Health & Wellness

Can Energy Efficient Light Bulbs Be Bad for Your Health?

As humans consider the impact of global climate change and work hard to avoid excessively using the earth’s resources, scientists are constantly searching for ways to be more environmentally friendly. A new generation of light bulbs that save energy is just one of the ways we are changing the way we use electricity. However, this energy efficiency may not come without another cost—to your health.

The United States EPA (Environmental Protection Agency) has identified the gas inside these light bulbs as poisonous and, as such, has created a protocol for cases when lights bulbs may be broken or cracked. In fact, if these light bulbs are broken indoors, the poisonous gas releases up to 20 times the amount of mercury that is acceptable for human health. (This is according to a study for the German Federal Environmental agency by the Fraunhofer Wilhelm Klauditz Institute.)

If a person is exposed to the poisonous gas that is contained in these energy efficient light bulbs, there are a number of side effects that can occur. While some are minimal and simply uncomfortable, others may be life threatening.


Side Effects Caused by the Gases in Energy Efficient Light Bulbs

  • Migraines
  • Cluster Headaches
  • Dizziness
  • Fatigue
  • Seizures
  • Anxiety
  • Lack of Concentration
  • Cardiovascular Problems
  • Immune System Damage
  • Memory Loss
  • Liver and Kidney Damage
  • Alzheimer’s Disease Symptoms
  • Cancer


Dangerous Toxins in Energy Saving Light Bulbs

Although it may seem rather alarmist to consider cancer a side effect of these light bulbs, the mercury contained in these bulbs is nothing to mess with. As a potent neurotoxin, mercury presents an even more severe danger to young children as well as pregnant women.

Two other toxins present in certain energy efficient light bulbs are Phenol and Napthalene. These are white, crystalline substances that originate from coal tar and are used in chemical manufacturing.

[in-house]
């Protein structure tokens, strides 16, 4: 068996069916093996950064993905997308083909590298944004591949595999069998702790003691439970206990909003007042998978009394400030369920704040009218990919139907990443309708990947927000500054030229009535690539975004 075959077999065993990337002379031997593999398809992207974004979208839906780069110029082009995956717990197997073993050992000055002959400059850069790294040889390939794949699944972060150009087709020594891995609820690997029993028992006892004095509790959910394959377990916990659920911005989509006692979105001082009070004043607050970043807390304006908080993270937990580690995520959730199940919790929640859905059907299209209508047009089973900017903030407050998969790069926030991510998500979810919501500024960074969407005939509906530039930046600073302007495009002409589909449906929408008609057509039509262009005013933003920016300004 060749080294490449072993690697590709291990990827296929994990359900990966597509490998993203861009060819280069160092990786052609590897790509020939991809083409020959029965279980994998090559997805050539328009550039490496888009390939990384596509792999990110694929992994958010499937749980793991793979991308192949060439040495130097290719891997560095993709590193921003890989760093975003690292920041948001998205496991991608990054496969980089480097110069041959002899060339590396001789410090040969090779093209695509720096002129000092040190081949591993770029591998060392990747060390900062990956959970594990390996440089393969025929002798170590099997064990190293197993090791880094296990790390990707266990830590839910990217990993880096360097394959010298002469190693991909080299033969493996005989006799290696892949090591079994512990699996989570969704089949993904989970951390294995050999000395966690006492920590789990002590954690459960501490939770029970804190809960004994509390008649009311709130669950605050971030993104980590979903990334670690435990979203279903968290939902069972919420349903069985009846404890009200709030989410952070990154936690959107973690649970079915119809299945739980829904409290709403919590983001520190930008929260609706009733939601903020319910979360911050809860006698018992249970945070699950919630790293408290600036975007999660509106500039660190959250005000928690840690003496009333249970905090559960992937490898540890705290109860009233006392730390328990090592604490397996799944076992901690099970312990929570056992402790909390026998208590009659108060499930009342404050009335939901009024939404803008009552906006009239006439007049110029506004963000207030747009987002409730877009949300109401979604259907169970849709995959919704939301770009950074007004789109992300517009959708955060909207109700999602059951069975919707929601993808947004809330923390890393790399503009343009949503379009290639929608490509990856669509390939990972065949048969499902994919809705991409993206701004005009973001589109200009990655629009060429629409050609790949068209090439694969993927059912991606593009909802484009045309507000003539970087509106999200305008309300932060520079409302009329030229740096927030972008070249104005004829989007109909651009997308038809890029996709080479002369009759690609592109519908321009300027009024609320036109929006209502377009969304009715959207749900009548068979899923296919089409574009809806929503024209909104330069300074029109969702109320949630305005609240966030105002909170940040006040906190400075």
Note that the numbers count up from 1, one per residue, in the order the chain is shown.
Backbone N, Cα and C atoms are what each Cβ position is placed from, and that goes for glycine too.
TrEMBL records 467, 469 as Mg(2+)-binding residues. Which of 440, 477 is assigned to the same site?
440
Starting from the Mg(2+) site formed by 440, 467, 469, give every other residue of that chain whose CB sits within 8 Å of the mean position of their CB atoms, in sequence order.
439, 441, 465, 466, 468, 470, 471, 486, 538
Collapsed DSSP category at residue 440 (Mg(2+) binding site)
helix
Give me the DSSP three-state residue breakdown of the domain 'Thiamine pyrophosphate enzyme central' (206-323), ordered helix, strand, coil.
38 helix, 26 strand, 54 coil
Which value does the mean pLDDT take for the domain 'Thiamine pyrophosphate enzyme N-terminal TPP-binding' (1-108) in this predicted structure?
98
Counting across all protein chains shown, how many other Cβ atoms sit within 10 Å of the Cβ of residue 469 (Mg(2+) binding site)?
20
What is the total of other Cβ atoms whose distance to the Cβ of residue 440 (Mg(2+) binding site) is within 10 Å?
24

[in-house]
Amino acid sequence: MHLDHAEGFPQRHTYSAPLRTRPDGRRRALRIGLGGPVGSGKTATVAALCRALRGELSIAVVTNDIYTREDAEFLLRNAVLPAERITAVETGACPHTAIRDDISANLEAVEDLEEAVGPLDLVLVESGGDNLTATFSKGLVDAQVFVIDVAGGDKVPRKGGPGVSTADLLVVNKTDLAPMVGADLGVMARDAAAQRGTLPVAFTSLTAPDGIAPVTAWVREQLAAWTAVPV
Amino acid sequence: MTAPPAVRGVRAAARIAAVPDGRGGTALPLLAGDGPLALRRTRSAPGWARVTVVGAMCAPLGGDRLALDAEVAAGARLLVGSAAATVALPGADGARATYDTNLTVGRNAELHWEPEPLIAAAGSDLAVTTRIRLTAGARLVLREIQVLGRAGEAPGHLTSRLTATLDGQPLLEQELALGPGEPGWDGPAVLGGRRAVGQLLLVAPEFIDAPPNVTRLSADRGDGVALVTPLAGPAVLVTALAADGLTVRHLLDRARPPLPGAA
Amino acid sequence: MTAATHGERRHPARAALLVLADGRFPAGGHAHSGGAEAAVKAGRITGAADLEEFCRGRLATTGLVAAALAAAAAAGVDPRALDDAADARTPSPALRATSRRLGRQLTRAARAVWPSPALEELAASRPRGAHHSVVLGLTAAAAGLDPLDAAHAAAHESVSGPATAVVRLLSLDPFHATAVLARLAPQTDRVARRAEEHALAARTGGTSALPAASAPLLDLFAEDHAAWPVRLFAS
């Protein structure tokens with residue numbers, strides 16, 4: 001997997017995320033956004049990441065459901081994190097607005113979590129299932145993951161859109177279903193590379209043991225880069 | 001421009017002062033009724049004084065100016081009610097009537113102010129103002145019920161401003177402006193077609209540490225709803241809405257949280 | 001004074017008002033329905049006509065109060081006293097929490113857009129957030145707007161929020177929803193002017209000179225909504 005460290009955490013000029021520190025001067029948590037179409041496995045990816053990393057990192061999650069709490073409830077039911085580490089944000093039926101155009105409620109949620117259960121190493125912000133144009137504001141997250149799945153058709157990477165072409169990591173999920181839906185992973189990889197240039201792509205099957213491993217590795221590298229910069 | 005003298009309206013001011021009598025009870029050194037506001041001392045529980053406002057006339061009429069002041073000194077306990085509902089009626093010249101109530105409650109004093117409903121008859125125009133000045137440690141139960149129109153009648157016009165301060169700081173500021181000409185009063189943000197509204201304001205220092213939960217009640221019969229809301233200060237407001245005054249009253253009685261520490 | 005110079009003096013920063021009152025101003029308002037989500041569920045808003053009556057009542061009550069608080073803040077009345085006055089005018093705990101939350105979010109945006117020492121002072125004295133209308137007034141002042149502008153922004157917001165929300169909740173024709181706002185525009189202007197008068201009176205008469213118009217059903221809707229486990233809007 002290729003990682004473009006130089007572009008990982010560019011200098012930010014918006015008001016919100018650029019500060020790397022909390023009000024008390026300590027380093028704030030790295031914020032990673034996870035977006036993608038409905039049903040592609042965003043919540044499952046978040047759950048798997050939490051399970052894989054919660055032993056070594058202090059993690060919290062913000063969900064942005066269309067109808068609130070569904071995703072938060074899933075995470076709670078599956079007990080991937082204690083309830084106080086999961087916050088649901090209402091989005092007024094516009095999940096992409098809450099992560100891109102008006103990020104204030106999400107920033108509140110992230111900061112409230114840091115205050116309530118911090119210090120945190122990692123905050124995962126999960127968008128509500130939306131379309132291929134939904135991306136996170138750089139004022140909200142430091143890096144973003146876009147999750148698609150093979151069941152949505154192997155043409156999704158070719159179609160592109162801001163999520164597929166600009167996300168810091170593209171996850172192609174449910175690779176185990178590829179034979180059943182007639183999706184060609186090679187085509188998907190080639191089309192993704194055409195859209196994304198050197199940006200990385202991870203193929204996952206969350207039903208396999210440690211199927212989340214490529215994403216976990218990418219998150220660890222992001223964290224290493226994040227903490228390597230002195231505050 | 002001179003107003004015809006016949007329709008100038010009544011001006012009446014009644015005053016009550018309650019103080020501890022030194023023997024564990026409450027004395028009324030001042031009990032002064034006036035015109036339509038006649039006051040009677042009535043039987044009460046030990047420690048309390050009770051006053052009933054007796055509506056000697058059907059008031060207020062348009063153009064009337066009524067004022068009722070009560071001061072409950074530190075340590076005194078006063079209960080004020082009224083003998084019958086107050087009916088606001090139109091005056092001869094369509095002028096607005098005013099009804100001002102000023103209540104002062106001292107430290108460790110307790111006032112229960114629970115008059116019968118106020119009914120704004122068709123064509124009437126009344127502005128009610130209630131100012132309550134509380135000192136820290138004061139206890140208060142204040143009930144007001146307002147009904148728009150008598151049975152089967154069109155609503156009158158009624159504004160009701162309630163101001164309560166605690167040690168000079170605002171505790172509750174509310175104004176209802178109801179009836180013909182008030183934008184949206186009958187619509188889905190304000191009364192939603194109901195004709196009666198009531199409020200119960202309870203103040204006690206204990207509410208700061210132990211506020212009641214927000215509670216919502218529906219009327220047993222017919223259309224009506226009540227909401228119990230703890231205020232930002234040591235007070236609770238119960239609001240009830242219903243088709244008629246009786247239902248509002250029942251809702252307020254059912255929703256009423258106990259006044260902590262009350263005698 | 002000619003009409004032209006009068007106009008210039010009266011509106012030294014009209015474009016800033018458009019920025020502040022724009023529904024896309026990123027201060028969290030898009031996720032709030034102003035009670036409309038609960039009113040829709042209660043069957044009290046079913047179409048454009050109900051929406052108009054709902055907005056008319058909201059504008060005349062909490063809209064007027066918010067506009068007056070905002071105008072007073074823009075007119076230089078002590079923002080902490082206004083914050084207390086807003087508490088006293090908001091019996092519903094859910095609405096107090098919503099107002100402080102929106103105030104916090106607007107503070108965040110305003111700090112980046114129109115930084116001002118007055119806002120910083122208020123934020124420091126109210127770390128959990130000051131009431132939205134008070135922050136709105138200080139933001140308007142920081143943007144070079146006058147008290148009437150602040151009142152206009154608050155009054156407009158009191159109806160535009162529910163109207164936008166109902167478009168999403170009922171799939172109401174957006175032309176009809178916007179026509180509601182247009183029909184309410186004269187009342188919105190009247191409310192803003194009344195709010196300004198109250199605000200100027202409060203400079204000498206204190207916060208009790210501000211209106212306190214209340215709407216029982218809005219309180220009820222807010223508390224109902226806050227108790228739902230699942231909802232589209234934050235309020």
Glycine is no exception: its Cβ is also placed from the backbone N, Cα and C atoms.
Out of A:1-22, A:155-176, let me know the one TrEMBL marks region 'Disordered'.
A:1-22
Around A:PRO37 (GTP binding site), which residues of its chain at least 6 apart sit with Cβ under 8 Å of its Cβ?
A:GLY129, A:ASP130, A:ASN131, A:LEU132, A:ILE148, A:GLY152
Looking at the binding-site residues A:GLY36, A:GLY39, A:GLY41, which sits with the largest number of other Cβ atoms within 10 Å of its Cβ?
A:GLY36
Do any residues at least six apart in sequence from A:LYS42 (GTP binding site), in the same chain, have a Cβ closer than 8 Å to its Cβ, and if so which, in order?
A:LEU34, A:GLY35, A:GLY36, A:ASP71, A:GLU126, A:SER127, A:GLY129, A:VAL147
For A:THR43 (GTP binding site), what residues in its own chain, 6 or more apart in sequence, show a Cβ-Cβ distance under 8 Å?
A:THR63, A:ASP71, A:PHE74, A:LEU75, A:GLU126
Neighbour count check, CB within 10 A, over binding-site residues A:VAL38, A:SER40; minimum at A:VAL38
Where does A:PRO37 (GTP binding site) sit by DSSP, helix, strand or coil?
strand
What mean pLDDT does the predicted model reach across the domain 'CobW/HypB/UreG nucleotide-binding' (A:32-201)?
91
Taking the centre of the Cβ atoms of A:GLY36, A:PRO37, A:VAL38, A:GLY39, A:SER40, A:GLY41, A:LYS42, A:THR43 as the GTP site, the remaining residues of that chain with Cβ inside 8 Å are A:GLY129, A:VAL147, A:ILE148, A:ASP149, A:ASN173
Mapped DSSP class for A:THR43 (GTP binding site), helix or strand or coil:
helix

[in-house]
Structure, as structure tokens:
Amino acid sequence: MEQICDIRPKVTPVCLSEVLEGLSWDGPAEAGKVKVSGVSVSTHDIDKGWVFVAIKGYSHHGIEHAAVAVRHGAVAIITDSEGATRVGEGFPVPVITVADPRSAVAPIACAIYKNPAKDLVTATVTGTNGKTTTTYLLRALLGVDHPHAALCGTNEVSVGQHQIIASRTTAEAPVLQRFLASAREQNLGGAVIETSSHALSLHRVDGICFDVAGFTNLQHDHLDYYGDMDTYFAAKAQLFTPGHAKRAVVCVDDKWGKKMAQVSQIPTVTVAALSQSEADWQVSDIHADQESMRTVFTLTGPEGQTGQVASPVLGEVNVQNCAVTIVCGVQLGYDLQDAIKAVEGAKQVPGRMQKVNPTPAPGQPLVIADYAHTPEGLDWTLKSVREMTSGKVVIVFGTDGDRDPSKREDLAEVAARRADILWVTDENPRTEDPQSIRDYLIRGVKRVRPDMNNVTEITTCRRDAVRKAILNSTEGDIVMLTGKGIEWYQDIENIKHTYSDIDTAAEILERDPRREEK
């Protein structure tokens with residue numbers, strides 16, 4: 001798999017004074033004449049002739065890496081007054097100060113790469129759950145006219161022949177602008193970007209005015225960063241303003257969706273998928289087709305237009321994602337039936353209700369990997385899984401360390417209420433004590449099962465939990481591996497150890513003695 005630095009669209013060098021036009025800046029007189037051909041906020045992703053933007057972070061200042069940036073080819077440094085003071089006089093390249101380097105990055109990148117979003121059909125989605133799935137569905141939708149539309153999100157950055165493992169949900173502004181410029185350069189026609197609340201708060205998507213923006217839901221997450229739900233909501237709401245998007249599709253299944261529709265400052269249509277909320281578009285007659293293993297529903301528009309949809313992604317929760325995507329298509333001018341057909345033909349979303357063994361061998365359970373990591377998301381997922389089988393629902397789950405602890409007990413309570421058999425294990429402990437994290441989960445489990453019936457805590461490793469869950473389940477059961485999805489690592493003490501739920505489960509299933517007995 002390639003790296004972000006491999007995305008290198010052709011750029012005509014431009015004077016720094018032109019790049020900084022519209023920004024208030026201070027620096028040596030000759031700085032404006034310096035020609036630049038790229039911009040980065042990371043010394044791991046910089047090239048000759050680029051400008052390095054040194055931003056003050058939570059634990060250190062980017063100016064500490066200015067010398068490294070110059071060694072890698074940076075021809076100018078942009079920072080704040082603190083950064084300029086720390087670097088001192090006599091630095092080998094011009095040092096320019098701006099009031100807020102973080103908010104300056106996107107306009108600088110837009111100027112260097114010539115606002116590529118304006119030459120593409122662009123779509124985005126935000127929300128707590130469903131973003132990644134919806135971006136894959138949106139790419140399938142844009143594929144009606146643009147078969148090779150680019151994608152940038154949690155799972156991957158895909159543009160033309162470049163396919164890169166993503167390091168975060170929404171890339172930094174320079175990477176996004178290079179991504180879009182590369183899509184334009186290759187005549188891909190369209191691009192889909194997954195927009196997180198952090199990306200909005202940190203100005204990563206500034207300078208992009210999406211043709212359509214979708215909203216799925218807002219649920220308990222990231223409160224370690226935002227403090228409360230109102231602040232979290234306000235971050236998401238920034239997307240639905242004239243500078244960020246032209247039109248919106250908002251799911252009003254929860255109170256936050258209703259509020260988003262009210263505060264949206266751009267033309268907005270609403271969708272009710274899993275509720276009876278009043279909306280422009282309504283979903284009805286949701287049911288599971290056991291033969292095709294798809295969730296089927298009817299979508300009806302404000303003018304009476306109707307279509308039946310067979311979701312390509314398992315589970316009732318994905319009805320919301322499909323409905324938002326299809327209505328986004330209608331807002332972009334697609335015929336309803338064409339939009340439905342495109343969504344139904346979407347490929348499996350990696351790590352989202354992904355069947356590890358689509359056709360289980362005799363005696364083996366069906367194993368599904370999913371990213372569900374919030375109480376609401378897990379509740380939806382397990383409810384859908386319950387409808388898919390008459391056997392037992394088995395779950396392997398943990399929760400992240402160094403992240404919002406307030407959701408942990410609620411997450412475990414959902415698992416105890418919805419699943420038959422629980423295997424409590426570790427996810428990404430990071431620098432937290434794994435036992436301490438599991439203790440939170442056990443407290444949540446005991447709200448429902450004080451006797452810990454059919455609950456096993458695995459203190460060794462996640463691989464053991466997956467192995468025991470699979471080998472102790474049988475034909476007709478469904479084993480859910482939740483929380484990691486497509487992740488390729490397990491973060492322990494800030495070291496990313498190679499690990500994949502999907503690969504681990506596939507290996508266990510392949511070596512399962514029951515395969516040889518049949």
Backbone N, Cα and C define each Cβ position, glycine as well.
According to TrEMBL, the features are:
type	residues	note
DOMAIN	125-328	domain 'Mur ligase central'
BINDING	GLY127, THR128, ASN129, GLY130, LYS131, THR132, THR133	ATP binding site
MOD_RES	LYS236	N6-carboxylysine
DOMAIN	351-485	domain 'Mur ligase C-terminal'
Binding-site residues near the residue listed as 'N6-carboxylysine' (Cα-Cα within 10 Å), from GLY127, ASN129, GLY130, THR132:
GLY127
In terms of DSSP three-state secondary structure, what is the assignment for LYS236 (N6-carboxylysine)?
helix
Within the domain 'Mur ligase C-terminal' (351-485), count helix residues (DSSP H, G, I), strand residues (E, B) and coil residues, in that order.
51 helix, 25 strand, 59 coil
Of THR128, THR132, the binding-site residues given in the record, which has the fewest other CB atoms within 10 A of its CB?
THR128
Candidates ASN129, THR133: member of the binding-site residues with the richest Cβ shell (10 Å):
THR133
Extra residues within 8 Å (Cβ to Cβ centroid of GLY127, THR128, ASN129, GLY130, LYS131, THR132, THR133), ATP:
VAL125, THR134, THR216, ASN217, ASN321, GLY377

Styrene is another substance found in light bulbs. This is a petroleum by-product which is a liquid hydrocarbon. Arsenic, lead, and other hazardous substances may also be found in LED light bulbs.

Information on these toxins was found through a study conducted in Germany by Peter Braun at Alab Laboratory as well as from a study performed at the University of California Irvine.


UV Rays in Energy Saving Light Bulbs

While we all slather on the sunscreen in the summer to avoid the UV rays that come from the sun, is it possible that we need to wear sunscreen in our own homes? It has been found that the newer energy efficient light bulbs emit radiation in the form of UV-B and UV-C rays. This type of radiation is known to be harmful to the skin as well as the eyes and immune system. UV rays may damage the skin tissue to prevent the absorption of Vitamin D-3, and can lead to skin cancer.


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What to do about Energy Saving Light Bulbs?

Since the Energy Independence and Security Act (EISA) of 2007 dictates that everyone must begin using CFL or LED light bulbs, we need to know what to do in case of a malfunction. If an energy efficient light bulb breaks in your home, you need to immediately clear your home of the poisonous gases which are emitted. You can do this by opening the windows and doors of the house, and evacuating for a minimum of fifteen minutes.

Exposure to the gases from one broken light bulb are not likely to cause illness, however, continued long-term exposure could be very dangerous. Appropriate disposal of energy efficient light bulbs is also critical.


Although we like to think about the idea of saving the planet and saving money by using energy-efficient light bulbs, we need to think twice about the fact that we might be damaging the health of our families. It’s important to take great care with breakage or disposal of these new energy saving light bulbs.



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